By Steven Reinberg
THURSDAY, April 14 (HealthDay News) -- Seniors living in neighborhoods where they have a lot of interaction with their neighbors stand a much better chance of surviving a stroke, a new study suggests.
In fact, for each increase in what researchers call neighborhood "cohesion," such as seeing and talking with neighbors or being able to call on a neighbor for help, the odds of survival after a stroke increased 53 percent.
"This finding highlights the importance of positive neighborhood environments to health, particularly among the elderly," said lead researcher Cari Jo Clark, an assistant professor of medicine at the University of Minnesota in Minneapolis.
"Cohesive neighborhoods are potentially good for your health, particularly your risk of dying from stroke," she added. The effect is limited to helping to prevent mortality from stroke, not its occurrence in the first place, Clark said.
"But the protective effect of neighborhood cohesion was found only for whites, and not for blacks," she added.
The report is published in the April 14 online edition of Stroke.
For the study, Clark's team collected data on 5,789 senior men and women living in neighborhoods in Chicago. The researchers asked people about their relationships with their neighbors.
Specifically, they asked about talking with neighbors in the street, neighbors doing yard work together or taking care of children and whether neighbors watch out for each other. They also asked about how many neighbors are known by name, how many are friends and who could be called on for help. From this data, the researchers created a "cohesion" scoring system.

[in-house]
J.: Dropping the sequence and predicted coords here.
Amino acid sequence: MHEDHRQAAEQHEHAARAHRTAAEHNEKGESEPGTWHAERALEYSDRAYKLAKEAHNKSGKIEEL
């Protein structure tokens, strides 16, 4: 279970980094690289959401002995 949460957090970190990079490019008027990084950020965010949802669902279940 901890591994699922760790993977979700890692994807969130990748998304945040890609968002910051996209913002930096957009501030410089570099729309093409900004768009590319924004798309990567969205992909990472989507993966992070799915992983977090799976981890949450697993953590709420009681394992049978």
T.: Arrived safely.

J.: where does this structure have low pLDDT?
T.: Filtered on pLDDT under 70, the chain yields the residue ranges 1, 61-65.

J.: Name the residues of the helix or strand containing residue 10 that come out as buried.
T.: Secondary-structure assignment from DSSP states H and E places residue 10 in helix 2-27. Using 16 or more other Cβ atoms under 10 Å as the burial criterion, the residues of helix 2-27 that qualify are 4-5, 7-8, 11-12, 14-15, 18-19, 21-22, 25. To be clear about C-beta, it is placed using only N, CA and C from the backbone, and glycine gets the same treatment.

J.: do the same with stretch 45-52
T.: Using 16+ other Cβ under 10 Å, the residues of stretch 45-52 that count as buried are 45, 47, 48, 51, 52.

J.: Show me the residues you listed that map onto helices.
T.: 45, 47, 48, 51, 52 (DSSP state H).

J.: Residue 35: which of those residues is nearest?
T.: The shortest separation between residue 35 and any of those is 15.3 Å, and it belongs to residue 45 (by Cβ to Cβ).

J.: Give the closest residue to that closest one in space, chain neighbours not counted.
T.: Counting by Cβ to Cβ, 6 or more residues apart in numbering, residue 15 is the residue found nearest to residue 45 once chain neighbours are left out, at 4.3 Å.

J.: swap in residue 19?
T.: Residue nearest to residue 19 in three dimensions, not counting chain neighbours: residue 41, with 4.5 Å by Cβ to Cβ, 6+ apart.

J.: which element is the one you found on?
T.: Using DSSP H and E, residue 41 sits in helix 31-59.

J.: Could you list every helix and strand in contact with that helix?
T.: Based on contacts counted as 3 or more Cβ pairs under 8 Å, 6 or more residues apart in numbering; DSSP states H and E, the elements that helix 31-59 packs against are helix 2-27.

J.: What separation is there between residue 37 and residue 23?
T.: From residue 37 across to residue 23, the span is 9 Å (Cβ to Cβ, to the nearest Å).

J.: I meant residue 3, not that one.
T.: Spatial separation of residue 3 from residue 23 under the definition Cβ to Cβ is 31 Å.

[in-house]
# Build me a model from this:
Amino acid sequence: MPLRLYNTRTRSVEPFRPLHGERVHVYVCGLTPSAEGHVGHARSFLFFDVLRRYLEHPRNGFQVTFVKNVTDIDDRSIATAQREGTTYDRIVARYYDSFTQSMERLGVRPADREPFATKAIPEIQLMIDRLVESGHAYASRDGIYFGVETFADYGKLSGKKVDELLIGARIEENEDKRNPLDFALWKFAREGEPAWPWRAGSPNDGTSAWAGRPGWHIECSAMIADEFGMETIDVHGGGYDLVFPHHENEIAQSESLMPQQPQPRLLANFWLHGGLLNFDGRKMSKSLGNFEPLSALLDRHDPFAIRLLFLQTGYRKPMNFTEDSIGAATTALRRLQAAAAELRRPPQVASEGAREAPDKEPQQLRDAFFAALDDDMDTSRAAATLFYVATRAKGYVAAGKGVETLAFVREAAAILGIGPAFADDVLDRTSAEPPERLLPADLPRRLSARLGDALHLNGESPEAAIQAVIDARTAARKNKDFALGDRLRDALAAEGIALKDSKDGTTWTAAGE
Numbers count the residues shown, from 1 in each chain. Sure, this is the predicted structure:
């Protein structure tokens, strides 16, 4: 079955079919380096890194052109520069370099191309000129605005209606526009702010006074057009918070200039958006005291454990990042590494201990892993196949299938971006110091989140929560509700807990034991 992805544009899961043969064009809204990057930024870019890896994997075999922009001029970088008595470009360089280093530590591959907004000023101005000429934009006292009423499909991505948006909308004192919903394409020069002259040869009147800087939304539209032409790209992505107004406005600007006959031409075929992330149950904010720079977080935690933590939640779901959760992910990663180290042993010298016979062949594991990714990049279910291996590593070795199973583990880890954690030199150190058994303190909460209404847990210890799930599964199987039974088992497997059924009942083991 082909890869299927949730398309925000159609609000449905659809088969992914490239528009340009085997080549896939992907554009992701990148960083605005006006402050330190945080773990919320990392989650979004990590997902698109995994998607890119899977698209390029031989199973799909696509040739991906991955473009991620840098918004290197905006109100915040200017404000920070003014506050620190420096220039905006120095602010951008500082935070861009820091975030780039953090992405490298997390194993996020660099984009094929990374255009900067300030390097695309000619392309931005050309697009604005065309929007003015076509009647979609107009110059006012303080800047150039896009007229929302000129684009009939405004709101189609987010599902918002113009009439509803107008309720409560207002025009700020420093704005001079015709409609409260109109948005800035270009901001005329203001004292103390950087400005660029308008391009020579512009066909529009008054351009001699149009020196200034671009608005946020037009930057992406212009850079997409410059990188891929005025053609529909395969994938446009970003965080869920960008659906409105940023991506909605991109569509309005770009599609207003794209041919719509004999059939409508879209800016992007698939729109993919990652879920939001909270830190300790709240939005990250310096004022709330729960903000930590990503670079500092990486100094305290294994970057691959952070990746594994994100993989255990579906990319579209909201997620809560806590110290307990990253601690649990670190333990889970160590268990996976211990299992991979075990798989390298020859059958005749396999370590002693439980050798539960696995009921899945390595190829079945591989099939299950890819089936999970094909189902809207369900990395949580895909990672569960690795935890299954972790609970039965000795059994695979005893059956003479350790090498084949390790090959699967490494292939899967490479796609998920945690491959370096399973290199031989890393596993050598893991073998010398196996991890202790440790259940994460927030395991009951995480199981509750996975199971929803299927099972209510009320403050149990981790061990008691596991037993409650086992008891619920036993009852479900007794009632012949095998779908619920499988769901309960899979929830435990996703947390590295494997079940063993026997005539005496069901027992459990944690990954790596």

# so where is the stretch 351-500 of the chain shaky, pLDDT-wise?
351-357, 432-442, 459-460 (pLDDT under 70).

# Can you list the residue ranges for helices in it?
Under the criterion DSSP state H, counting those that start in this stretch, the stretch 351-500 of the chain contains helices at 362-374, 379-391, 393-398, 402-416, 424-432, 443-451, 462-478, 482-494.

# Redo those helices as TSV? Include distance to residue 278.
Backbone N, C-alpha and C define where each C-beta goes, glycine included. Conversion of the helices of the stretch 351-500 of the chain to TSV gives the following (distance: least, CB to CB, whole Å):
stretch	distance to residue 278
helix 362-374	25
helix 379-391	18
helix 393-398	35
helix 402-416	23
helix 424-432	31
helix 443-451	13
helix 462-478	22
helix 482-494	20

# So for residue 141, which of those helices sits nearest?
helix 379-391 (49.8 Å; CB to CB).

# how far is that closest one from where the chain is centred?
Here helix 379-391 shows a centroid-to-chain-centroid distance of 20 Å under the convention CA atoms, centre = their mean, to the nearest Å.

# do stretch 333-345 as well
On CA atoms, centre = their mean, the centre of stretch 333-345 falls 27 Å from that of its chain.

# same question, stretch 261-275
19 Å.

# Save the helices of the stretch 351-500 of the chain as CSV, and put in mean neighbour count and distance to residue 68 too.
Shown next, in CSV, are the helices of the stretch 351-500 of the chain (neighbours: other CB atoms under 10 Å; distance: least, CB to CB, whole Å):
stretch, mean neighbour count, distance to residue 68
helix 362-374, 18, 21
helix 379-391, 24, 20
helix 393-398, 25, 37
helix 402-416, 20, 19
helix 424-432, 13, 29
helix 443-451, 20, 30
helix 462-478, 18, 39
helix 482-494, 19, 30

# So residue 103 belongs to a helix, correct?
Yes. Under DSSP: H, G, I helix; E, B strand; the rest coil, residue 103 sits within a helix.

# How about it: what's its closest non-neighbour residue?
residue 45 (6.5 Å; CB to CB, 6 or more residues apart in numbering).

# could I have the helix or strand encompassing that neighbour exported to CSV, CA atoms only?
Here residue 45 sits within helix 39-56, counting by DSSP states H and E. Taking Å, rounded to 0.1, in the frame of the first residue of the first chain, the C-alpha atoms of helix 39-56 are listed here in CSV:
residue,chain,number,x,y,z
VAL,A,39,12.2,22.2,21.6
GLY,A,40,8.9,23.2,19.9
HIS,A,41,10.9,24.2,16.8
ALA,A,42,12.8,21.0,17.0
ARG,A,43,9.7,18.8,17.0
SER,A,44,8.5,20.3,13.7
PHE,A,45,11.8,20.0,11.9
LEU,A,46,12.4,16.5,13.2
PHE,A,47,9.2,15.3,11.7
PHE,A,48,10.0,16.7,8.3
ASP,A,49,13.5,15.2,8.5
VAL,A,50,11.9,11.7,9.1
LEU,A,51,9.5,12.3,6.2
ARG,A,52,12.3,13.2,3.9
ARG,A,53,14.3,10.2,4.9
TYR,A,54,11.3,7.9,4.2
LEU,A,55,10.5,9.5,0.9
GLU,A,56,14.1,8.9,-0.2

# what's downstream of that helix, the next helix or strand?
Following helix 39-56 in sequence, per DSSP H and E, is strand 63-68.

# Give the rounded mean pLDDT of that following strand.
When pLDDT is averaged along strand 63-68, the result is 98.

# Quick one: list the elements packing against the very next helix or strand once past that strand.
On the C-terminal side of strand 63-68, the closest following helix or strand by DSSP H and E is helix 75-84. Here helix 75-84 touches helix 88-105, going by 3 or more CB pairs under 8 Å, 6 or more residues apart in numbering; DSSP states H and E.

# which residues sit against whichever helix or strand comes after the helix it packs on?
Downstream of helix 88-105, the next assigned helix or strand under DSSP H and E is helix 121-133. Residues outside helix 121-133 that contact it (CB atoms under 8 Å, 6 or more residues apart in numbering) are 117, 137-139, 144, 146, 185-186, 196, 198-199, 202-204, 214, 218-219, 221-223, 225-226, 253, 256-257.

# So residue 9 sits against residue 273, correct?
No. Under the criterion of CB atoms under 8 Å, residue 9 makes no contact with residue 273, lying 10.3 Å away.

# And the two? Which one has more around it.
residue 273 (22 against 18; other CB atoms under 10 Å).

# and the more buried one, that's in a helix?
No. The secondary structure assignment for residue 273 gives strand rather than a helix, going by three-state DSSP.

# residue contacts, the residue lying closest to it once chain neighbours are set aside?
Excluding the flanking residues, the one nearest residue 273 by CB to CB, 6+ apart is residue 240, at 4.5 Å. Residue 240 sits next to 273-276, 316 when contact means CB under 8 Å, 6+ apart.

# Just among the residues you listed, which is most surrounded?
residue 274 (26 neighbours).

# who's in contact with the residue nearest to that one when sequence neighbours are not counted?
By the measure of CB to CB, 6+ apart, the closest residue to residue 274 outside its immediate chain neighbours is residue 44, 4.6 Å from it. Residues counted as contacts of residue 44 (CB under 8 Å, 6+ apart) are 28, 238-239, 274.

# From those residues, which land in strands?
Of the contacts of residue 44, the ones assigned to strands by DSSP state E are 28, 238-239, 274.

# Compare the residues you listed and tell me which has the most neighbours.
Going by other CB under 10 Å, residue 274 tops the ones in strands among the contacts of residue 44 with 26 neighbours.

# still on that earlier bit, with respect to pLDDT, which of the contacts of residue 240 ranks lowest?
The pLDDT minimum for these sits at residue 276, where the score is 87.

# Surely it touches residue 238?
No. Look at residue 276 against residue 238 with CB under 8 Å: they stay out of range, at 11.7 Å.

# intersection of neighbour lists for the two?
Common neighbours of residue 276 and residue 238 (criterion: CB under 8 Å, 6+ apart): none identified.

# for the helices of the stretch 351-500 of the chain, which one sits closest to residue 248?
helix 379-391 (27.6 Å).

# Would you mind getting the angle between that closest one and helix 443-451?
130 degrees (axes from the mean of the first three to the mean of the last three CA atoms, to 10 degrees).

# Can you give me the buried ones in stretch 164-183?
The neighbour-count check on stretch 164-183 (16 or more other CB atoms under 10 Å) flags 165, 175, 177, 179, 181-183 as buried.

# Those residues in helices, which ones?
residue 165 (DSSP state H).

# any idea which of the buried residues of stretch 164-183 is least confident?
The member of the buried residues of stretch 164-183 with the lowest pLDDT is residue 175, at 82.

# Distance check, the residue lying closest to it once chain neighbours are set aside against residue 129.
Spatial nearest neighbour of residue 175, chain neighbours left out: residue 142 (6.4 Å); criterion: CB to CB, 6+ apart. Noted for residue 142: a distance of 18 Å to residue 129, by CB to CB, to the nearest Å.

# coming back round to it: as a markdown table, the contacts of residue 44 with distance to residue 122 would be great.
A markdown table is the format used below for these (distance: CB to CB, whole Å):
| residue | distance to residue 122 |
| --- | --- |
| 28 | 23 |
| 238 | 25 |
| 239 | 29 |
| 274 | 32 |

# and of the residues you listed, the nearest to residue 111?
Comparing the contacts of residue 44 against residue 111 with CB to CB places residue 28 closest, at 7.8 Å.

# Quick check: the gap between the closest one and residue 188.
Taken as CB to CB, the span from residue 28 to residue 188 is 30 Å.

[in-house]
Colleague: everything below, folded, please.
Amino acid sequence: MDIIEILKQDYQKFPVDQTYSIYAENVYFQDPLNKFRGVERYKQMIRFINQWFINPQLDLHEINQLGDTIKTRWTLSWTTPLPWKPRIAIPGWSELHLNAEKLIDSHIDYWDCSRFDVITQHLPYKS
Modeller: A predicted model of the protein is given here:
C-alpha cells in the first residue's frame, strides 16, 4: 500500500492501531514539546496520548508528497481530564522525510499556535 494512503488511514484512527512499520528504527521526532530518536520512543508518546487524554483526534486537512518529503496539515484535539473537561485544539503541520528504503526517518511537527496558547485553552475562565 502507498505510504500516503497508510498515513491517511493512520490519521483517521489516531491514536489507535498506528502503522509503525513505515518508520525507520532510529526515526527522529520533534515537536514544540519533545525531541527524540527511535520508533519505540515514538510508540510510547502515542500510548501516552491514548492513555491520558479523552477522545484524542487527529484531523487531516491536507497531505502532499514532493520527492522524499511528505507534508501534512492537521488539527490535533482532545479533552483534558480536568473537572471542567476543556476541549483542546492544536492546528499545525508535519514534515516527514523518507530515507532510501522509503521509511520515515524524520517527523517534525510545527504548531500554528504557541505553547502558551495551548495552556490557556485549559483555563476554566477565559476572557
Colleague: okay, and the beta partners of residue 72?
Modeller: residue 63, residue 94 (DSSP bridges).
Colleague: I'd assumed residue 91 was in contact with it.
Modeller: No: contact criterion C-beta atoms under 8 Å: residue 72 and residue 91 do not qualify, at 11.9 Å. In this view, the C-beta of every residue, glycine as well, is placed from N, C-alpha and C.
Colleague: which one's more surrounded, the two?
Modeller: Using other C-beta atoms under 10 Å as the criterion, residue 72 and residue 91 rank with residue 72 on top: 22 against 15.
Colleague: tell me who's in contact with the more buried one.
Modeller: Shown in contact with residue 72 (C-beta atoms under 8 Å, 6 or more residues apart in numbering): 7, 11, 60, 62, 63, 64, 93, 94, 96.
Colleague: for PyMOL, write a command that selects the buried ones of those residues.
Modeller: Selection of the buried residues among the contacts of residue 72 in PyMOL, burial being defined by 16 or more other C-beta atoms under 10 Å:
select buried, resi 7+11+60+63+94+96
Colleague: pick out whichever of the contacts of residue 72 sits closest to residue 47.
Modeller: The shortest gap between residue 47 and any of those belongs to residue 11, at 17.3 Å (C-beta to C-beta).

For each increase in the neighborhood cohesion score, survival after stroke increased 53 percent, Clark's group found.
The finding remained significant even after taking into account factors such as socioeconomic status and cardiovascular risks, such as high blood pressure, smoking, physical inactivity, diabetes and obesity, the researchers noted.
Although stroke rates did not differ by neighborhood, survival was better for those living in "cohesive" neighborhoods. Why seniors in black neighborhoods didn't see the same benefit is not clear, they added.
"Further research is needed to understand the specific ways that neighborhood cohesion works to protect against stroke mortality and why this protective effect was not equally shared by blacks and whites in the study," Clark said.
Scott C. Brown, a research assistant professor of epidemiology and public health at the University of Miami Miller School of Medicine, said that neighborhoods with shared values might also promote healthy behaviors among neighbors.
As for why these findings were seen only in whites, Brown speculated that other factors might come in to play. "There may be unmeasured variables, such as crime or health-care access," he explained.
"You may have neighborhoods where neighbors are watching out for each other [but] there may be less access to health care, or no health insurance," Brown said.
There is evidence that neighborhood social cohesion may reduce the risk of stroke mortality, Brown said. "It may have to do with neighbors' willingness to intervene in emergencies where a neighbor is showing symptoms of stroke, but more data are needed to really know," he noted.
For more information on stroke, visit the U.S. National Library of Medicine.
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